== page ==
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Everyone Needs to Change, Including LGBT People

Do LGBT people need to change who they are and who they love? If they want to follow Jesus, then, yes, of course. God calls us to change our unbiblical identity (whatever it is) and align our will (whatever its desires) with the Father.

I’m told I’ve got this wrong. I’m told that when it comes to people who identity as LGBT, God doesn’t expect them to change who they are or change who they love. I’m also told this is too hard a pill for evangelicals to swallow.
I presume that what they mean is that people with same-sex attraction, a transgender identity, or who claim to be non-binary are free to embrace those impulses and satisfy those desires. God doesn’t expect them to change their identities or the the objects of their affection. They can be faithful followers of Jesus while fully embracing their LGBT identity.
The claim that becoming a follower of Jesus doesn’t entail change, however, is totally foreign to what it means to be a Christian. Every believer who is transformed by the sanctifying power of the Holy Spirit experiences a change of identity and lifestyle. It’s unreasonable to expect that the same power that raised Jesus from the grave—that resides in a regenerate person’s soul—is not going to change who you are and change your desires.
That’s because becoming a follower of Jesus isn’t an minor change. It’s not a slight shift. It’s a total transformation. You’re born again (John 3:3). You exit darkness and enter the light (1 Pet. 2:9). You were once a slave to sin and now are a slave to righteousness (Rom. 6:16–18). You were dead in your sins but now are alive in Christ (Rom. 6:11). You are adopted by God and have become his child (Rom. 8:15). The old things pass away and the new things come. You literally become a new creation (2 Cor. 5:17).
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A Verse That Illustrates Three Interpretive Principles

Hermeneutics is critical because it’s the connection between God’s Word and its application. The single most influential class I took in seminary was hermeneutics. It did more to enrich my knowledge and understanding of God’s Word than any other subject.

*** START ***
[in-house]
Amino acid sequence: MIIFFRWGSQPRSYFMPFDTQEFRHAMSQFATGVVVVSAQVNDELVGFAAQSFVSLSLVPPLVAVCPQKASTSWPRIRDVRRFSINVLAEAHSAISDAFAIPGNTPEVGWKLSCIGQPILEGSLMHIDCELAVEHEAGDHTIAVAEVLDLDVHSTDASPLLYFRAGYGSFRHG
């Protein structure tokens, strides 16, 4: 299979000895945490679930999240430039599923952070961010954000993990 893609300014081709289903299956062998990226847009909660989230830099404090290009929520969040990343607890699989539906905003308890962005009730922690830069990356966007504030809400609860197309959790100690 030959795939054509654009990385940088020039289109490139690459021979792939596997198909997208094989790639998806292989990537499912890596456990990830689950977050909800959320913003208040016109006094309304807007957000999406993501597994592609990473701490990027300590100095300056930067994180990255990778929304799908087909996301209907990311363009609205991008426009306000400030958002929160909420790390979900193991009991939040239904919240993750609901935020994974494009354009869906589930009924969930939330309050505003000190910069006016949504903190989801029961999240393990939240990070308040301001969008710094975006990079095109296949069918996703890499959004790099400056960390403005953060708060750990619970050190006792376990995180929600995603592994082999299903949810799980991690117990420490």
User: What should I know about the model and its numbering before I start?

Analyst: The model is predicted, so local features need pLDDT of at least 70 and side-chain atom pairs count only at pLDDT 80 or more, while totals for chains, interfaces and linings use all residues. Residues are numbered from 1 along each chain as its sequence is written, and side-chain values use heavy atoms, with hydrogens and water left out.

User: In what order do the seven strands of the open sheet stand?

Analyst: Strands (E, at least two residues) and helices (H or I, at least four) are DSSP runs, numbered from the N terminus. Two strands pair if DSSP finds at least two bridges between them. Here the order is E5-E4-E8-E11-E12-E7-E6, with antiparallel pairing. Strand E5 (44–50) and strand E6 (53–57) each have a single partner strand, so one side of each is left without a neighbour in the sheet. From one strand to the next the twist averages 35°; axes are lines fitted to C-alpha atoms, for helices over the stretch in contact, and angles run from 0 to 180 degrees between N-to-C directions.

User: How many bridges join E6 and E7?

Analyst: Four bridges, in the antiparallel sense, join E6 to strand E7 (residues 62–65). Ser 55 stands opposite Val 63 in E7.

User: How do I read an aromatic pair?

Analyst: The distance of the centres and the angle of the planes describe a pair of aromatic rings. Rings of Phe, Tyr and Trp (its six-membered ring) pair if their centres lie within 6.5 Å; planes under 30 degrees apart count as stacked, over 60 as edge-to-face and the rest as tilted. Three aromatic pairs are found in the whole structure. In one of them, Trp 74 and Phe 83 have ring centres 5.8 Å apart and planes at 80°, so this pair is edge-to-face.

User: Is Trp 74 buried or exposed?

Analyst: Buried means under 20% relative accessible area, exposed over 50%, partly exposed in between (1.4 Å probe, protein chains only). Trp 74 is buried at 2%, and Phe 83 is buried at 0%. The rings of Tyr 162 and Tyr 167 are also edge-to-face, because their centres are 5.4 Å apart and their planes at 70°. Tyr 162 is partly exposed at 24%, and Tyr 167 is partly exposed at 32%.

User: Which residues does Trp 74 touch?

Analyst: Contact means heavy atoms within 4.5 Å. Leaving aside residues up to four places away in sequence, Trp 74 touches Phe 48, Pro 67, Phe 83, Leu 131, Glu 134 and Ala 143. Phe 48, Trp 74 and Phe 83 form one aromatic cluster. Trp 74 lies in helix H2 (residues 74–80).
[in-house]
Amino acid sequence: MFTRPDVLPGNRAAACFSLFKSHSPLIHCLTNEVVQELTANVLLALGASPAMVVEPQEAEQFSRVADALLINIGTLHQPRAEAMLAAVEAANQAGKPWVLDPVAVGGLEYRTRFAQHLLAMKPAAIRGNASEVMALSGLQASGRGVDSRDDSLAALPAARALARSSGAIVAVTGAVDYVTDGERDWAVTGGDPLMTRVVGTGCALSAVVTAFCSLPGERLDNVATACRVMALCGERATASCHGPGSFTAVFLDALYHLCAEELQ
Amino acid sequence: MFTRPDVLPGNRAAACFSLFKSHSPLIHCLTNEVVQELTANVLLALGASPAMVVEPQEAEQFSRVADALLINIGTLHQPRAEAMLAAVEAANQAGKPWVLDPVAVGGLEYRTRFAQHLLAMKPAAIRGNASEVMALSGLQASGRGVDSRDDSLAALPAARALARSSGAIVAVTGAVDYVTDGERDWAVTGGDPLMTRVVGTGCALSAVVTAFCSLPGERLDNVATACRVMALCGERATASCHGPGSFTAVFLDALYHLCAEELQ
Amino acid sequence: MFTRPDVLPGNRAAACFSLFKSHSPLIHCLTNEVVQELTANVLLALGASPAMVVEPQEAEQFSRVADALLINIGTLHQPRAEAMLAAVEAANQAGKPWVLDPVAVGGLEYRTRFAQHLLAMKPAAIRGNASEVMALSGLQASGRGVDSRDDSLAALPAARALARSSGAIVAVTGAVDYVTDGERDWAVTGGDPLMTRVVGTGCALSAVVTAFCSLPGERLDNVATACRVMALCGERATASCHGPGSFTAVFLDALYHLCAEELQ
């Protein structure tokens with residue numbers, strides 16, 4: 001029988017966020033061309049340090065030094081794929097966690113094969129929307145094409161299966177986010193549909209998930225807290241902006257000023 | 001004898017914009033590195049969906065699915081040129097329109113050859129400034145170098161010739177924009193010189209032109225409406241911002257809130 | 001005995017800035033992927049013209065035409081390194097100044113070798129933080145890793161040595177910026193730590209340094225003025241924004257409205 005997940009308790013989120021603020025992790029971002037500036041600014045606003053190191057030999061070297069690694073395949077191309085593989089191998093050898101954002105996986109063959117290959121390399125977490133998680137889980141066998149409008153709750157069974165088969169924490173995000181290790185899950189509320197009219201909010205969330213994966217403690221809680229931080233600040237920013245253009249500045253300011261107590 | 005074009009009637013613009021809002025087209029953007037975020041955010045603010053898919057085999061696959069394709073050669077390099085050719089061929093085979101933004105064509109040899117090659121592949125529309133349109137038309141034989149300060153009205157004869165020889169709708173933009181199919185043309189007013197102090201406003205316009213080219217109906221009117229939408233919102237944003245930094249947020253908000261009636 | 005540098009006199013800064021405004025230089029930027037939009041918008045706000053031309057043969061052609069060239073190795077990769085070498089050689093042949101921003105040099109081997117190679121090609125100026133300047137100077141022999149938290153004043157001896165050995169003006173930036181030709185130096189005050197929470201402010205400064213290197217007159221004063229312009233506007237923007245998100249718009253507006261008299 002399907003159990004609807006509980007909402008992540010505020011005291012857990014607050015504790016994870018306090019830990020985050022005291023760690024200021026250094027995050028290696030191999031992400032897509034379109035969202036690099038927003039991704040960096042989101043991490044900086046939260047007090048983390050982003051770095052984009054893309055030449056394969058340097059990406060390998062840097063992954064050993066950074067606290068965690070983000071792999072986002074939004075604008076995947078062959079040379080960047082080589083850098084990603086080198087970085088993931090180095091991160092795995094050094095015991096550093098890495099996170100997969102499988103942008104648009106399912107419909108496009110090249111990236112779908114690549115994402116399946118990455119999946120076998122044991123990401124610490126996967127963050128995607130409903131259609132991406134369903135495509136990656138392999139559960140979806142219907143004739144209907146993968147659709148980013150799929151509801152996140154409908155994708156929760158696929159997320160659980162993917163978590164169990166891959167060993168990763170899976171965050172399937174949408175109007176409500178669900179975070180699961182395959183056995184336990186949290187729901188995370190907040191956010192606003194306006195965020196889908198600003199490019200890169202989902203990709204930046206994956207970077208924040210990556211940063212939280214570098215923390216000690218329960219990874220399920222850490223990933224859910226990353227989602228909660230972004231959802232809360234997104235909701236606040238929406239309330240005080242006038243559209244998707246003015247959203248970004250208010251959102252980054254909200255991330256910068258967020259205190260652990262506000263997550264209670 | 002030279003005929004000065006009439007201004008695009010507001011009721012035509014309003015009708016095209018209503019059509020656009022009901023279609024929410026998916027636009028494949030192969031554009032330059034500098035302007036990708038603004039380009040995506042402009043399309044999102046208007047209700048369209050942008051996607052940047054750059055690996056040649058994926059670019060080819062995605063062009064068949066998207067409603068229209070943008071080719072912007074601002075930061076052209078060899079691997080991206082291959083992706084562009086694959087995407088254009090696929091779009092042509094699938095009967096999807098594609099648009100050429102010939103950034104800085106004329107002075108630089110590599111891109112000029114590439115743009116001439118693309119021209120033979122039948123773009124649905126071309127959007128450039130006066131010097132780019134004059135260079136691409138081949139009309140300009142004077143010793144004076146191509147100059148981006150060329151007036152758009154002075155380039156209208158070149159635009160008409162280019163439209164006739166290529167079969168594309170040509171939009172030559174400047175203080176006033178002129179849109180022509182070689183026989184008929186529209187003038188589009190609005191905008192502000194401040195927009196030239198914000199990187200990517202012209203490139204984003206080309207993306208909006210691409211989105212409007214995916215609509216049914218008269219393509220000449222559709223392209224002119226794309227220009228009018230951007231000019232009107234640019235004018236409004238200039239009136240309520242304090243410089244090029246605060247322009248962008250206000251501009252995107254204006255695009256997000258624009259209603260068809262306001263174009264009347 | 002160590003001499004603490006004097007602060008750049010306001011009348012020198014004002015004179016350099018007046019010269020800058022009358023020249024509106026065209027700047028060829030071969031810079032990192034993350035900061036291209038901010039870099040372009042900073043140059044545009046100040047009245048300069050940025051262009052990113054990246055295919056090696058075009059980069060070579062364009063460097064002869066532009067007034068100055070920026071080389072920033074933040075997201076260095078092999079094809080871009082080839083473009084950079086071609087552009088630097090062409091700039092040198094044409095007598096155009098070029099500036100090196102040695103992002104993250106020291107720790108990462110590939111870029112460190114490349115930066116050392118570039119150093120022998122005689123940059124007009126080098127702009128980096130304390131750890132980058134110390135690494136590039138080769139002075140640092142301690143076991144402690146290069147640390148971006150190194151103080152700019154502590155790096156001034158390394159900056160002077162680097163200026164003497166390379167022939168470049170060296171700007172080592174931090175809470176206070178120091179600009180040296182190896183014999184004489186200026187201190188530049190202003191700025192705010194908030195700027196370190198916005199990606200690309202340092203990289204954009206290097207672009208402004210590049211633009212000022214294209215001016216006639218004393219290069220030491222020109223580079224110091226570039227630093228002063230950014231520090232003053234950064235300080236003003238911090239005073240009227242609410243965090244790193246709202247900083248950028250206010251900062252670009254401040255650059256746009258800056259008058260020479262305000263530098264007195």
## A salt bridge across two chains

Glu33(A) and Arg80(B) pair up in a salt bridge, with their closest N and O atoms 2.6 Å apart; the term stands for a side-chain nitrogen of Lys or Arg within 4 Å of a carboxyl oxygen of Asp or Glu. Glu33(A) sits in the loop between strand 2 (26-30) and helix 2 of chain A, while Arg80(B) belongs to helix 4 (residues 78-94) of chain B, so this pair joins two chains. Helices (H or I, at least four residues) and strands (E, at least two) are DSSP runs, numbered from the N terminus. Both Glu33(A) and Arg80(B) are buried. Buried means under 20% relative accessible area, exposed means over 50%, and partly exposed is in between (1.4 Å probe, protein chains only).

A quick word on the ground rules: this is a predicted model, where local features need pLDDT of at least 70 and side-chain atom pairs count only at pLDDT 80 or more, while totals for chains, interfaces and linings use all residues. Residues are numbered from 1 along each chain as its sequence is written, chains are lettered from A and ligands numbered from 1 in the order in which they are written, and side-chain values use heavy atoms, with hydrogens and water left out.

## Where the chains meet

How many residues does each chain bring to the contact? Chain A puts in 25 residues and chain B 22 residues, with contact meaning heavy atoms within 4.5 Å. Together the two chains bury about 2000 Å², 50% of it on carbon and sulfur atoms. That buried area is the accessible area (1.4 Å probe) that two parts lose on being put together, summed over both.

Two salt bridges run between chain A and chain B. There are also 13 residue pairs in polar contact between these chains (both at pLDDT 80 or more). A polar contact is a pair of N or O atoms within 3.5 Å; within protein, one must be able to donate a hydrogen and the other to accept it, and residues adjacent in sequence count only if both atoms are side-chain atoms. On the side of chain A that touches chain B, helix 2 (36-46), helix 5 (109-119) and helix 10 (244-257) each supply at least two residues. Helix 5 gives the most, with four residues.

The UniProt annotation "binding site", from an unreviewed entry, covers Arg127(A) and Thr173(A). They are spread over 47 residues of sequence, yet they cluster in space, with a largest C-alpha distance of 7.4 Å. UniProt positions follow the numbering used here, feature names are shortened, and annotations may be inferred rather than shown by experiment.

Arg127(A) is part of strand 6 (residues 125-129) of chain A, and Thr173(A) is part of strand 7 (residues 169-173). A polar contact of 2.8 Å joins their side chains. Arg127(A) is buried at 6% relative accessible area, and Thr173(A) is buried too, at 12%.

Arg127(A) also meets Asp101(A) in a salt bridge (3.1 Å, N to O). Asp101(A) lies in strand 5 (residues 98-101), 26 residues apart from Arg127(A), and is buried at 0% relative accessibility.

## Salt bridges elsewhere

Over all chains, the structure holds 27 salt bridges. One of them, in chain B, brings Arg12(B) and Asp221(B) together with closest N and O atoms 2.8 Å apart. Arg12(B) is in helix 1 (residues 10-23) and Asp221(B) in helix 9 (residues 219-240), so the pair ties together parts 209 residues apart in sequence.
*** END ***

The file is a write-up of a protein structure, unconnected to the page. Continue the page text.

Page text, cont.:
There’s one topic I wish every believer would study. Even though I’m an apologist and have taught apologetics for nearly two decades, it has nothing to do with defending the faith (though it can help with that). It’s called hermeneutics, but it’s more commonly known as biblical interpretation. If I could, I would require every believer in the global church to learn its principles.
Now, I can almost hear the pushback. Hermen-what? It sounds like a dry, academic subject that has no practical value for my walk with God. It’s probably just for pastors, people say.
That’s just not true. Hermeneutics is an exciting topic because it helps us believers better understand what God is saying to us. You’re going read the Bible between now and the day you die, and what you read will define your theology, affect major life decisions, and determine what you teach others according to what you think it says. Hermeneutics is critical because it’s the connection between God’s Word and its application. The single most influential class I took in seminary was hermeneutics. It did more to enrich my knowledge and understanding of God’s Word than any other subject.
Let me illustrate how three key principles of biblical interpretation can help you understand a commonly misunderstood passage. It’s based on a verse that has fueled numerous skeptics to challenge the integrity of Jesus.
They claim that Jesus commands his followers to round up those who reject him and kill them. They cite Luke 19:27 where Jesus says, “Those enemies of mine who did not want me to be king over them—bring them here and kill them in front of me.” That doesn’t sound like the tender and compassionate Jesus we all know. What’s going on? The problem is entirely a hermeneutical mistake—people are misinterpreting the passage. Consider how applying the three keys to biblical interpretation clarifies the meaning and application of this passage.
Context: The first key to interpreting any biblical passage is to read the verses before and after the passage in question. The more you read, the better. That’s why we say at Stand to Reason, “Never read a Bible verse.” Always read the whole paragraph, the chapter, or the whole book. When this verse is read in context, you discover that Jesus is telling a parable about a nobleman and his servants. Parables, of course, are fictitious stories intended to illustrate a point. This story is about a nobleman who leaves ten minas with his ten servants and departs to be crowned king. His servants hate him, though, and send an envoy to petition against his appointment. After he’s crowned king, he returns to judge his servants on how they’ve invested his money. After rewarding the faithful servants, he punishes the unfaithful ones and then orders his enemies to be killed.
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Can You Stand for Truth Without Being Offensive?

We can expect to be hated and persecuted by virtue of following Jesus. In the meantime, do your best to be a winsome ambassador for Jesus. Try to be as inoffensive as you can when addressing controversial topics. But when people are offended by your biblical values, don’t be surprised. That’s part of what it means to be a follower of Christ.

I often speak on controversial subjects: abortion, homosexuality, Islam, transgenderism, bioethics. These aren’t topics that are casually brought up over Christmas dinner and calmly discussed with out-of-town family. That’s why believers often ask me how they can stand for truth on controversial topics without being offensive. Here are three quick things I tell them.
First, I’m grateful for their concern to avoid being crass and offensive. I see too many believers who don’t care at all—or at least appear to not care. They use the truth like a club to beat people over the head. Grace? What grace? That’s for Christ to extend to non-believers, they say.